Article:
Study identifies symptoms of suicide risk for people with depression

30 Aug

A new study finds behavior patterns such as risky behavior, psychomotor agitation and impulsivity occur before 50% of suicide attempts.

[A depressed man by a wall]
Among American men, the suicide rate is about four times higher than among women.

The findings were recently presented at the 28th European College of Neuropsychopharmacology (ECNP) Congress in Amsterdam, the Netherlands.

The study researchers analyzed 2,811 individuals with depression who were a part of the Bridge-II-MIX study – an international study of depression and suicide. All participants were assessed by a psychiatrist using the Diagnostic and Statistical Manual of Mental Disorders (DSM) – the standard classification of mental disorders used by mental health professionals in the US.

Many parameters were studied, including previous suicide attempts, family history, current and previous treatments and the patient’s clinical presentations. Psychiatric symptoms, sociodemographic and clinical risk factors for bipolar disorder were also collected. Of the participants, 628 had already attempted suicide.

“The strength of this study is that it’s not a clinical trial, with ideal patients – it’s a big study, from the real world,” says study author Dr. Dina Popovic, a psychiatrist at Barcelona Hospital Clinic and the Clinical Research Institute of Biomedical Research in Spain.

Suicide is the 10th leading cause of death for Americans, according to the American Foundation for Suicide Prevention.

Among American men, the suicide rate is about four times higher than among women. The suicide rate for Americans is also higher in white men (14.2 deaths per 100,000) than Native Americans (11.7 deaths per 100,000).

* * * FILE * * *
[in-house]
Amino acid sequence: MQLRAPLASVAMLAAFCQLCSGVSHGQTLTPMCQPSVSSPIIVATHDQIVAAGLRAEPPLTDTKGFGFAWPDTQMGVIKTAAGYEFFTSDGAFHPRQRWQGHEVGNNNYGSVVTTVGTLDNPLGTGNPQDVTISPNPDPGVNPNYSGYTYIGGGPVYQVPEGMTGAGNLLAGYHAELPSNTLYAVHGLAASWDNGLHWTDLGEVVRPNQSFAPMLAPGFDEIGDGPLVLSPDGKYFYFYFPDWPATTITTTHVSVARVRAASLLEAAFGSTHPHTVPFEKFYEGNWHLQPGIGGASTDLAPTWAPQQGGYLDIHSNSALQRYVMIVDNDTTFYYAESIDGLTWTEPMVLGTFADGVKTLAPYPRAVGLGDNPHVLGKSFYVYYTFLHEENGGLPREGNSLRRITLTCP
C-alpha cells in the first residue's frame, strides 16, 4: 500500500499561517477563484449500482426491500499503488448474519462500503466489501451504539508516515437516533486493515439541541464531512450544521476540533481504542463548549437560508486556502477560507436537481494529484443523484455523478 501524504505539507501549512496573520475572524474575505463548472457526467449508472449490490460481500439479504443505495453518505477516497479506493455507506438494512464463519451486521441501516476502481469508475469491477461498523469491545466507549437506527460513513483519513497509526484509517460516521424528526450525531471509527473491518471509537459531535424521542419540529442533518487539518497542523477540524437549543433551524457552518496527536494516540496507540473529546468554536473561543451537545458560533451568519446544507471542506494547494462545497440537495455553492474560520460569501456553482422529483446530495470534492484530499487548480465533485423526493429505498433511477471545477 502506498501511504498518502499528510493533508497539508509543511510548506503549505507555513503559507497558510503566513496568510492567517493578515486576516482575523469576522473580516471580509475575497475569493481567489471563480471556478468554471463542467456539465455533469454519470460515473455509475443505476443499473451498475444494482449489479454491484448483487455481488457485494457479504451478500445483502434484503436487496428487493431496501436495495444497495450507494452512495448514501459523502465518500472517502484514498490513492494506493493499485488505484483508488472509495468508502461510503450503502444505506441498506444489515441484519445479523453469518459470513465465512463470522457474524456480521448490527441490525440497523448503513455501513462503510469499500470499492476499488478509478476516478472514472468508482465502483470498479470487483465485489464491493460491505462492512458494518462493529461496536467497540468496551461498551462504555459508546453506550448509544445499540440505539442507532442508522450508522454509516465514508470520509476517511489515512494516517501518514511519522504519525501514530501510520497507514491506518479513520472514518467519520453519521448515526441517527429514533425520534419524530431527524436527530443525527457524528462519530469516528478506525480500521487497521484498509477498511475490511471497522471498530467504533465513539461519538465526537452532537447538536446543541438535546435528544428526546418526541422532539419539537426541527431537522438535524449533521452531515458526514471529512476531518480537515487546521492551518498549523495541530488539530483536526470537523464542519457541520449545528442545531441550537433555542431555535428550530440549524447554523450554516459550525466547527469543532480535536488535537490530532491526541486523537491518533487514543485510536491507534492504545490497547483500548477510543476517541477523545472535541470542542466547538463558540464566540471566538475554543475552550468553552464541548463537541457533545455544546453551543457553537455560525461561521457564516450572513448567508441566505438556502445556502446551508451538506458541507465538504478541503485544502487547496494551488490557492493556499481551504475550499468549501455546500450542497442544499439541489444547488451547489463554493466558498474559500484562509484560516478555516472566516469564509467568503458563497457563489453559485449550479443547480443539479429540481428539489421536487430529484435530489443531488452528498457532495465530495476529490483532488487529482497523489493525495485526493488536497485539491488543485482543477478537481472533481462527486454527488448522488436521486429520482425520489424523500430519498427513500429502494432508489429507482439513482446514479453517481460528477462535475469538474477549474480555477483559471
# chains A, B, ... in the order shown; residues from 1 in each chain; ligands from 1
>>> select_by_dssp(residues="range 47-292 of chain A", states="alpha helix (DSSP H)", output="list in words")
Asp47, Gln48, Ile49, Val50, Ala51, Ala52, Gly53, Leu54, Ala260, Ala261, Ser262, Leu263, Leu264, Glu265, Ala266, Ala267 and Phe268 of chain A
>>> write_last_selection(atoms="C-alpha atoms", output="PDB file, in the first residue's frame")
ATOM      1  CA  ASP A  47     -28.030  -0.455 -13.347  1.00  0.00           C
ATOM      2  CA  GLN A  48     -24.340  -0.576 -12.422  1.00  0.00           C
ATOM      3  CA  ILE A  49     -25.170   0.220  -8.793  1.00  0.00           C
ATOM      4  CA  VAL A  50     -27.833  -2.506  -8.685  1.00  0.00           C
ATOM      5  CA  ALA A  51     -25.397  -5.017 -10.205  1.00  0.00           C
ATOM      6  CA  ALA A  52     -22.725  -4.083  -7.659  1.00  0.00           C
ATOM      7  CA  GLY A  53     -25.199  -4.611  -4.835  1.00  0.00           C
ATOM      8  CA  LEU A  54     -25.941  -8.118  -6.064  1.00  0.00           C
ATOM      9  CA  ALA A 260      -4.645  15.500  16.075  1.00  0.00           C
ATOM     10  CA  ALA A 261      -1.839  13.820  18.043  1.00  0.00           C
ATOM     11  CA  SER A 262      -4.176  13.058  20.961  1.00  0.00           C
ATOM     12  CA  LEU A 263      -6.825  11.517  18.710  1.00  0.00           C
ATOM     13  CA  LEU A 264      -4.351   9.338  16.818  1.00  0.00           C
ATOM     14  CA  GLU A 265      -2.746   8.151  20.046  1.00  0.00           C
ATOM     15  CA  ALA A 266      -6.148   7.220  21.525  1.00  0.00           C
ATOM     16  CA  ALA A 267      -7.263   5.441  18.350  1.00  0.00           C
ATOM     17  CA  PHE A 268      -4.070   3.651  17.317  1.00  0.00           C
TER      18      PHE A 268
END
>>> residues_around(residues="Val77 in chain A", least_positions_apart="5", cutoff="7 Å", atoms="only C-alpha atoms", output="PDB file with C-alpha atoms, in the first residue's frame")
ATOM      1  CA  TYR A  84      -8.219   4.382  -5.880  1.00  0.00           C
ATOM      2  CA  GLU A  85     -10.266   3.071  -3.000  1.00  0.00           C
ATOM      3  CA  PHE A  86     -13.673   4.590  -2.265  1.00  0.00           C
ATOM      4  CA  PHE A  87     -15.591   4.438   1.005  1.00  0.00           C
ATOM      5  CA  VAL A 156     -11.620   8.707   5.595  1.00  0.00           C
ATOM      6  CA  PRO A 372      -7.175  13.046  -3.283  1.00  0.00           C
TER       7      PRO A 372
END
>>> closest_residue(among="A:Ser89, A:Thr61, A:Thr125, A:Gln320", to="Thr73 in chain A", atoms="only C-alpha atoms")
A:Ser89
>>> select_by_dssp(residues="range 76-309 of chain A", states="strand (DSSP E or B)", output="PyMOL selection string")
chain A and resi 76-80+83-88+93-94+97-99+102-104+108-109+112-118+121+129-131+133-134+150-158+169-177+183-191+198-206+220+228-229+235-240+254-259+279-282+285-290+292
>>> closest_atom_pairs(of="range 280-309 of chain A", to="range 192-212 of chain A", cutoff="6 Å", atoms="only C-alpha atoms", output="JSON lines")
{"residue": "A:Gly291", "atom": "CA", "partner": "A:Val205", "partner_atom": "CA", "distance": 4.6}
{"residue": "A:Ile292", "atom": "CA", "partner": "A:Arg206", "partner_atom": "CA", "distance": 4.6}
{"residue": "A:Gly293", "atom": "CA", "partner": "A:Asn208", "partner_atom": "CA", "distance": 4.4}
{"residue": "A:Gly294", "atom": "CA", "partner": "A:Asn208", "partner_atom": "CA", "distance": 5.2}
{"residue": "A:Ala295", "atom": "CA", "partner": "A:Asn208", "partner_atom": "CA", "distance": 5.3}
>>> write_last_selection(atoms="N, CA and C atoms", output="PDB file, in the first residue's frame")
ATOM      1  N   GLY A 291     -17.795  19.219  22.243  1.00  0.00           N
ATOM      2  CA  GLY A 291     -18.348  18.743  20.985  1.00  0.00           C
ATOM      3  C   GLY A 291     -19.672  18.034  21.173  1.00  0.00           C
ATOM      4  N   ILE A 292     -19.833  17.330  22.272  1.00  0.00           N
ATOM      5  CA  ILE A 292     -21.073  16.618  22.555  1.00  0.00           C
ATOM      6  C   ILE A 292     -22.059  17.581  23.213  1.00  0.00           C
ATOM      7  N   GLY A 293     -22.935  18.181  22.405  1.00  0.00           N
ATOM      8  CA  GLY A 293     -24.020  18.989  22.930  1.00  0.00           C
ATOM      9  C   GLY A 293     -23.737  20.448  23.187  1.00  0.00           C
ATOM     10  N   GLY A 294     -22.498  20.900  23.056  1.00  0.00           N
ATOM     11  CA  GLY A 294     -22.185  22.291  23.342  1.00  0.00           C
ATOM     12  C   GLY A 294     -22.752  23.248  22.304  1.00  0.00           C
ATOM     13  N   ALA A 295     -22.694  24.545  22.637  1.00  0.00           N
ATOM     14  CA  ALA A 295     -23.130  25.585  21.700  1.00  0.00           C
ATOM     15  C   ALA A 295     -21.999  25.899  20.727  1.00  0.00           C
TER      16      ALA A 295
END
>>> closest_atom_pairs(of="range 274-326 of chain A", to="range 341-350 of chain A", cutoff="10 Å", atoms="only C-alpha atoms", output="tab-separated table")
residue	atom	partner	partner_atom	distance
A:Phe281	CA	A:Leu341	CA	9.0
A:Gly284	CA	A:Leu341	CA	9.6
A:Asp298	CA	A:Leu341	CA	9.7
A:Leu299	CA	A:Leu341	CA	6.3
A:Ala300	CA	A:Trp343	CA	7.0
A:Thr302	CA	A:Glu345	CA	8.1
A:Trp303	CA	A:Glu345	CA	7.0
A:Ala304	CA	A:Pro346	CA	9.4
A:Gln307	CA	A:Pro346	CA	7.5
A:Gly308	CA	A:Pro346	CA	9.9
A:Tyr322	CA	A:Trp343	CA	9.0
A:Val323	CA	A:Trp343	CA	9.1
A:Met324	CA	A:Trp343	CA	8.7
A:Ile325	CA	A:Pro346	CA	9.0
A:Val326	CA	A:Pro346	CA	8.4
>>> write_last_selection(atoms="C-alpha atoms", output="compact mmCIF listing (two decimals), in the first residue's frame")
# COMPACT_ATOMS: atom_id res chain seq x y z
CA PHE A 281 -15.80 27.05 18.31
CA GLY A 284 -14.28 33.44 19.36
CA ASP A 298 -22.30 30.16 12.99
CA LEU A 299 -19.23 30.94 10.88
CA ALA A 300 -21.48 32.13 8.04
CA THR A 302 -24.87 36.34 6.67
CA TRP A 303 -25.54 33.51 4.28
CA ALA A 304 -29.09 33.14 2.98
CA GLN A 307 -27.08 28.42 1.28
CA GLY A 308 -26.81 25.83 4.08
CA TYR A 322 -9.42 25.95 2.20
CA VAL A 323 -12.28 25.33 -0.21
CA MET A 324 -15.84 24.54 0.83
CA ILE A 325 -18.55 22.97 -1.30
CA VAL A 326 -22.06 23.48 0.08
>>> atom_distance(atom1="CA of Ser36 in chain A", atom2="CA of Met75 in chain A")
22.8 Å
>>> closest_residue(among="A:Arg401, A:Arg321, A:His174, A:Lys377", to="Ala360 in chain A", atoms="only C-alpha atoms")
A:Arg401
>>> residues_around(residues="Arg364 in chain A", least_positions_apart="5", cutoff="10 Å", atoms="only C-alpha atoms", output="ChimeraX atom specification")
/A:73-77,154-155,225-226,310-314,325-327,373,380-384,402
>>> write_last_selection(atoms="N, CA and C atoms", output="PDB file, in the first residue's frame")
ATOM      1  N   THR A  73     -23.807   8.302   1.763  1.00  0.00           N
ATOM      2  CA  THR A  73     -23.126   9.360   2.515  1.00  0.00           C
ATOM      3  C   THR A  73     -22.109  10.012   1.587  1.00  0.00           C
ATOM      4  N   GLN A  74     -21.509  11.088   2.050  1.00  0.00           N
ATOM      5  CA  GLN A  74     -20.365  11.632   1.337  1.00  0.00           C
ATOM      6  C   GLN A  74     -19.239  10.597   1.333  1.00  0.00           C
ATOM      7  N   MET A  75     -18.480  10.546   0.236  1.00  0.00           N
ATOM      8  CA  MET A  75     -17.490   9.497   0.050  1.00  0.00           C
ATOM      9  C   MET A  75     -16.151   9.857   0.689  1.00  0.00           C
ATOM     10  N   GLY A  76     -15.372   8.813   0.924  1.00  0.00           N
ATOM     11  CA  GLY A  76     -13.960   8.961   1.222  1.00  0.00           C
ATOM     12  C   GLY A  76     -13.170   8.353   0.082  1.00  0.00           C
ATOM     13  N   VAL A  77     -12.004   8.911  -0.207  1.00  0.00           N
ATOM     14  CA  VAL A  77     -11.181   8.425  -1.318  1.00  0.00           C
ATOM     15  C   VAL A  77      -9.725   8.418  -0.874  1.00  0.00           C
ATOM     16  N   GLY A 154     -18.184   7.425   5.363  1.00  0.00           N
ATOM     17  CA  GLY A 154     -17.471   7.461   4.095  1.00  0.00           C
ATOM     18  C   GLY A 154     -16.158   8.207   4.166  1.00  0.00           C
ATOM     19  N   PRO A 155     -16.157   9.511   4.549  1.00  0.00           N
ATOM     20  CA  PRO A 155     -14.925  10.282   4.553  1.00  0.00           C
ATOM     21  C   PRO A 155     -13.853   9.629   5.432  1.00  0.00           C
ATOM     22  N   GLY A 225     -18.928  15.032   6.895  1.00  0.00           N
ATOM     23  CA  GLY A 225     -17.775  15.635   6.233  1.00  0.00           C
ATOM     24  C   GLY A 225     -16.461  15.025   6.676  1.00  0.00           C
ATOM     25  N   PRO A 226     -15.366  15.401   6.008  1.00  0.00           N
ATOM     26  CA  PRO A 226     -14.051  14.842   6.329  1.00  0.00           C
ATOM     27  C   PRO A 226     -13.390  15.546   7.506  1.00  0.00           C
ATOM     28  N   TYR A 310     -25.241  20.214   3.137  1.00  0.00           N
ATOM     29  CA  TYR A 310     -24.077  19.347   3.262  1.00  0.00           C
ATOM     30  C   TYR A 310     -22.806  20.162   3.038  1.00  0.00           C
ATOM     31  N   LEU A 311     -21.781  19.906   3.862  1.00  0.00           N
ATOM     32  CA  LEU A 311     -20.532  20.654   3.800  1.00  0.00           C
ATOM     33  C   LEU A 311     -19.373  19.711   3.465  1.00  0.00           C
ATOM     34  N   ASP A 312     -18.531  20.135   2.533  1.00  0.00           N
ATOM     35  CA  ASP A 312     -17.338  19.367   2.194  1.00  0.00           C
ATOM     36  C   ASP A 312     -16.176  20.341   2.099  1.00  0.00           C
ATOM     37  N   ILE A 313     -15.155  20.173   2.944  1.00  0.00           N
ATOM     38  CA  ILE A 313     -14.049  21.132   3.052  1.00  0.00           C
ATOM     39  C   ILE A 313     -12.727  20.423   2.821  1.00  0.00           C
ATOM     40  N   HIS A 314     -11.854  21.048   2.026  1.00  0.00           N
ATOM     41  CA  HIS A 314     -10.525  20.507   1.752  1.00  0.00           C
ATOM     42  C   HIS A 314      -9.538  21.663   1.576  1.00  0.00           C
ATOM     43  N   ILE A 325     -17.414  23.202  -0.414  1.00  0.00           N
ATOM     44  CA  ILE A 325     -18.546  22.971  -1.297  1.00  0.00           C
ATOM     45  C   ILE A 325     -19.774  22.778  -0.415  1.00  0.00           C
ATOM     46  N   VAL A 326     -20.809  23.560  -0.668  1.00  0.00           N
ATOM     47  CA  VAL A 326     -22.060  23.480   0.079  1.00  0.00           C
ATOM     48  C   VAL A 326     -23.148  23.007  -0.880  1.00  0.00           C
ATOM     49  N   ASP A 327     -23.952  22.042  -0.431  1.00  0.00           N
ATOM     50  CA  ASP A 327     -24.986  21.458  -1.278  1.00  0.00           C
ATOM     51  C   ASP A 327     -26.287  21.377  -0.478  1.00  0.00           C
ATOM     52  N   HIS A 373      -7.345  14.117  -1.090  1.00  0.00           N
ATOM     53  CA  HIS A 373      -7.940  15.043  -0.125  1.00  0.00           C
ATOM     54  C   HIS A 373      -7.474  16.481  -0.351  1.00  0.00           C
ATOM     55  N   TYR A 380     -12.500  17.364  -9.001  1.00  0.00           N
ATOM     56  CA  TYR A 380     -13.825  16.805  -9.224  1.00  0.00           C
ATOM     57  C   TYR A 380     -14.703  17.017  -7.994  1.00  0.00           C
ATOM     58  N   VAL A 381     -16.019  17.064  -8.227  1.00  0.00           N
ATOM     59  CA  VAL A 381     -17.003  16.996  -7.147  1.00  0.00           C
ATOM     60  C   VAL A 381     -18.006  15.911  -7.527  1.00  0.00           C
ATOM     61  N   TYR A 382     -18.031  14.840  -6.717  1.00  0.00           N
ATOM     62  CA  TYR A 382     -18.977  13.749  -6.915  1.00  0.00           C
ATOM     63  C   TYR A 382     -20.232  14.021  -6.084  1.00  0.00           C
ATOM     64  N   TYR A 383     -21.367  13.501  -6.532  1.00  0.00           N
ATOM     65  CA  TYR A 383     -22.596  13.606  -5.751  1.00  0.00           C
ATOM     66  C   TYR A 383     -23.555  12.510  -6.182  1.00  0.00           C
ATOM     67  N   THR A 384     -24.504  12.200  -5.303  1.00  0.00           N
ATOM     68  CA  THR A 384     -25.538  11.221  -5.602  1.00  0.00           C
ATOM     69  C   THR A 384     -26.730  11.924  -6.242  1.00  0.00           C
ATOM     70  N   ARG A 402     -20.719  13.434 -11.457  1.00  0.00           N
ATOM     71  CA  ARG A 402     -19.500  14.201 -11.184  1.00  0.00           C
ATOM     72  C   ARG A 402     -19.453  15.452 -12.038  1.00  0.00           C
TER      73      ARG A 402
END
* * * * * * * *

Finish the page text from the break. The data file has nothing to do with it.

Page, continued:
Dr. Popovic says they found that “depressive mixed states” often preceded suicide attempts and that mixed depressive features were associated with hallmarks of bipolarity. She explains:

“A ‘depressive mixed state’ is where a patient is depressed, but also has symptoms of ‘excitation,’ or mania. We found this significantly more in patients who had previously attempted suicide, than those who had not. In fact, 40% of all the depressed patients who attempted suicide had a ‘mixed episode’ rather than just depression.”

Patients who suffer from ‘mixed depression’ are at a much higher risk of suicide

A comparison was made between those who had and those who had not attempted suicide but who were depressed.

Risk of attempting suicide is at least 50% higher, the scientists found, if a depressed patient presents any of the following symptoms:

  • Risky behavior (for example, reckless driving, promiscuous behavior)
  • Psychomotor agitation (pacing around a room, wringing one’s hands, pulling off clothing and putting it back on and other similar actions)
  • Impulsivity (acting on a whim, displaying behavior characterized by little or no forethought, reflection or consideration of the consequences).

There is an important message here, the study says, for all health care professionals who see patients suffering from depression and who may not pay enough attention to these symptoms. Early identification of symptoms and timely treatment of mixed depressive states could represent a major step in suicide prevention.

Dr. Popovic adds:

“In our opinion, assessing these symptoms in every depressed patient we see is extremely important, and has immense therapeutical implications. Most of these symptoms will not be spontaneously referred by the patient, the clinician needs to inquire directly, and many clinicians may not be aware of the importance of looking at these symptoms before deciding to treat depressed patients.”

In a previous report from Medical News Today, a draft recommendation issued by the US Preventive Services Task Force suggested that doctors should screen all adults for depression.

Written by Jonathan Vernon

Copyright: Medical News Today

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